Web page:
D*action Magnesium + Safety is a new project from GrassrootsHealth to provide you with information about your nutrient status for many essential elements and toxins. In previous blogs we discussed what magnesium is and why it’s important for health. In this blog we will talk about the health benefits of selenium, the second essential element in this testing panel.
What is selenium?
Selenium is a mineral present naturally in water and some foods including brazil nuts, walnuts, grains, beef and poultry, and seafood such as tuna, cod, red snapper, and herring. The amount of selenium in a given plant-based food source widely varies depending on soil conditions such as the amount and form of selenium in the soil, amount of organic matter in the soil, and soil pH. The amount of selenium in animal-based food sources is more stable due to animals maintaining a consistent selenium level in their tissues and use of formulated livestock feed. Selenium is also available as a dietary supplement.
Why is selenium important for health?
Selenium is an essential nutrient and plays a key role in thyroid function, reproduction, and DNA synthesis. It has antioxidant properties which include protecting the cell from damage and helps fight infection. Studies have found an association between higher selenium status and a lower risk of colorectal, prostate, lung, bladder, skin, and gastrointestinal cancers. Selenium may also be associated with cognitive decline and may reduce the risk of cardiovascular disease.
Is selenium deficiency common?
It is estimated that up one billion people worldwide consume inadequate amounts of selenium, primarily in parts of China and some European countries where soil levels of selenium are lower. In the United States, most adults meet the recommended daily allowance (RDA) for selenium, which is 55 micrograms (mcg) per day. Individuals at a higher risk for selenium deficiency include those who live in selenium-deficient regions (including certain regions of the US such as the Pacific Northwest and parts of the Great Lakes region and Atlantic coast) and rely on locally grown food, as well as those with conditions limiting nutrient absorption such as Crohn’s disease or kidney disease. A severe deficiency of selenium may lead to impairment of anti-oxidant actions and thyroid functions.
Can I consume too much selenium?
Yes! While some selenium is essential to the body, excess selenium can be toxic. Symptoms of selenium toxicity include nausea, diarrhea, neurological symptoms, hair loss, heart problems, and other symptoms. The tolerable upper intake level for selenium is 400 micrograms (mcg) per day for adults.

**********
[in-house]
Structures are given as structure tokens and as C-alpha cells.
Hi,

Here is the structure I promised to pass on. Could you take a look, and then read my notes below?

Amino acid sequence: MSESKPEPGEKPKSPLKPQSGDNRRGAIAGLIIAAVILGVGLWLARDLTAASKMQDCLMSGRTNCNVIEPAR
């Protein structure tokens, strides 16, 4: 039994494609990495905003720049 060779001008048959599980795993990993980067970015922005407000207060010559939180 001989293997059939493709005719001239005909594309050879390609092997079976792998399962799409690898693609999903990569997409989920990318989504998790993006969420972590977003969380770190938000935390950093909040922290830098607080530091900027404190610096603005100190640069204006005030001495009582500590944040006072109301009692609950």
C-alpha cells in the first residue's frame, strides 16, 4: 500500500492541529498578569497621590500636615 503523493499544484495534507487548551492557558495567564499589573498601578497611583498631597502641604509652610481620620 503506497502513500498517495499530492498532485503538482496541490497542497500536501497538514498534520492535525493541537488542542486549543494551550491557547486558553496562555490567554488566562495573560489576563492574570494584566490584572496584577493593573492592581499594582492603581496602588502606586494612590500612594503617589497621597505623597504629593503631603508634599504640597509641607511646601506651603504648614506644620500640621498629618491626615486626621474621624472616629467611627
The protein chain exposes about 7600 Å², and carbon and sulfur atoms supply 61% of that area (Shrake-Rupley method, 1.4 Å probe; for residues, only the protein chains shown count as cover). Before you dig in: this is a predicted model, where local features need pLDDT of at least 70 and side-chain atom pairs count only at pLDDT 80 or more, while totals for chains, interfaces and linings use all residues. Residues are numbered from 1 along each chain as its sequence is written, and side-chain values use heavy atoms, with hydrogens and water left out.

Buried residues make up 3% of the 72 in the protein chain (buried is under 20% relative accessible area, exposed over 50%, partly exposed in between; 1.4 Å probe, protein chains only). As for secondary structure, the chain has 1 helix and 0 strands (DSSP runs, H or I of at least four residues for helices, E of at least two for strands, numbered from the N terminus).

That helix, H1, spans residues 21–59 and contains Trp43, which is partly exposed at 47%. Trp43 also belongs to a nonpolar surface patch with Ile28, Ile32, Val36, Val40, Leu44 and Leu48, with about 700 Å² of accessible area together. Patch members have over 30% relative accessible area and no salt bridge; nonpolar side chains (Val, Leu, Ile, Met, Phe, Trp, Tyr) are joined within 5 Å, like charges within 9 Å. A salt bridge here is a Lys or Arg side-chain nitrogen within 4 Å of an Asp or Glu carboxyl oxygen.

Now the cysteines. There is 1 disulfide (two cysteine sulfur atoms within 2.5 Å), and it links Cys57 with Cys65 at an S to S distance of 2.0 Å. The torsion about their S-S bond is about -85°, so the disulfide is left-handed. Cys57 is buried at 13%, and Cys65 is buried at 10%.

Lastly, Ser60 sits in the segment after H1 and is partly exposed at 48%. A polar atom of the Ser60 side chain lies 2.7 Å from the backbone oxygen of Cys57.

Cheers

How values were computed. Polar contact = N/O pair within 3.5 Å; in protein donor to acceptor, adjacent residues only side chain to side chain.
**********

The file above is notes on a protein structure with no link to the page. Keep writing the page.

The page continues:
How is selenium measured in the body?
One method of assessing selenium status is using dried blood spots. This test reflects both free selenium in the blood and selenium as a component of selenoproteins (proteins containing selenium). Since heavy metals bind to selenium and reduce its bioavailability, the dried blood spot test is particularly useful for determining if enough selenium is present to counteract these heavy metals in the body. The lab reference range is 132 – 247 micrograms per liter (μg/L), which is the range of the average population the lab serves.
Order your D*action Magnesium + Safety test TODAY! — includes Selenium test
How can I track my selenium intake and level?
To help you track your supplement use, dietary nutrient intake, and selenium levels, GrassrootsHealth has created an online tracking system called myData-myAnswers. For each specific supplement, you can track what days you take it, how much, and many other details. You can also track your selenium intake from dietary sources. Check it out today!
NEW Magnesium Plus Elements Blood Spot Test, to test Magnesium (RBC test), other elements and heavy metals and vitamin D!
The D*action Magnesium + Safety Project will provide information about the following
Heavy Metals, which can be unsafe for you
and Vitamin D
Join the D*action Magnesium + Safety Project TODAY!
Take Charge of YOUR Health.
A START-UP offer of $199.95
(reduced from $209.99)
Good through February 15, 2019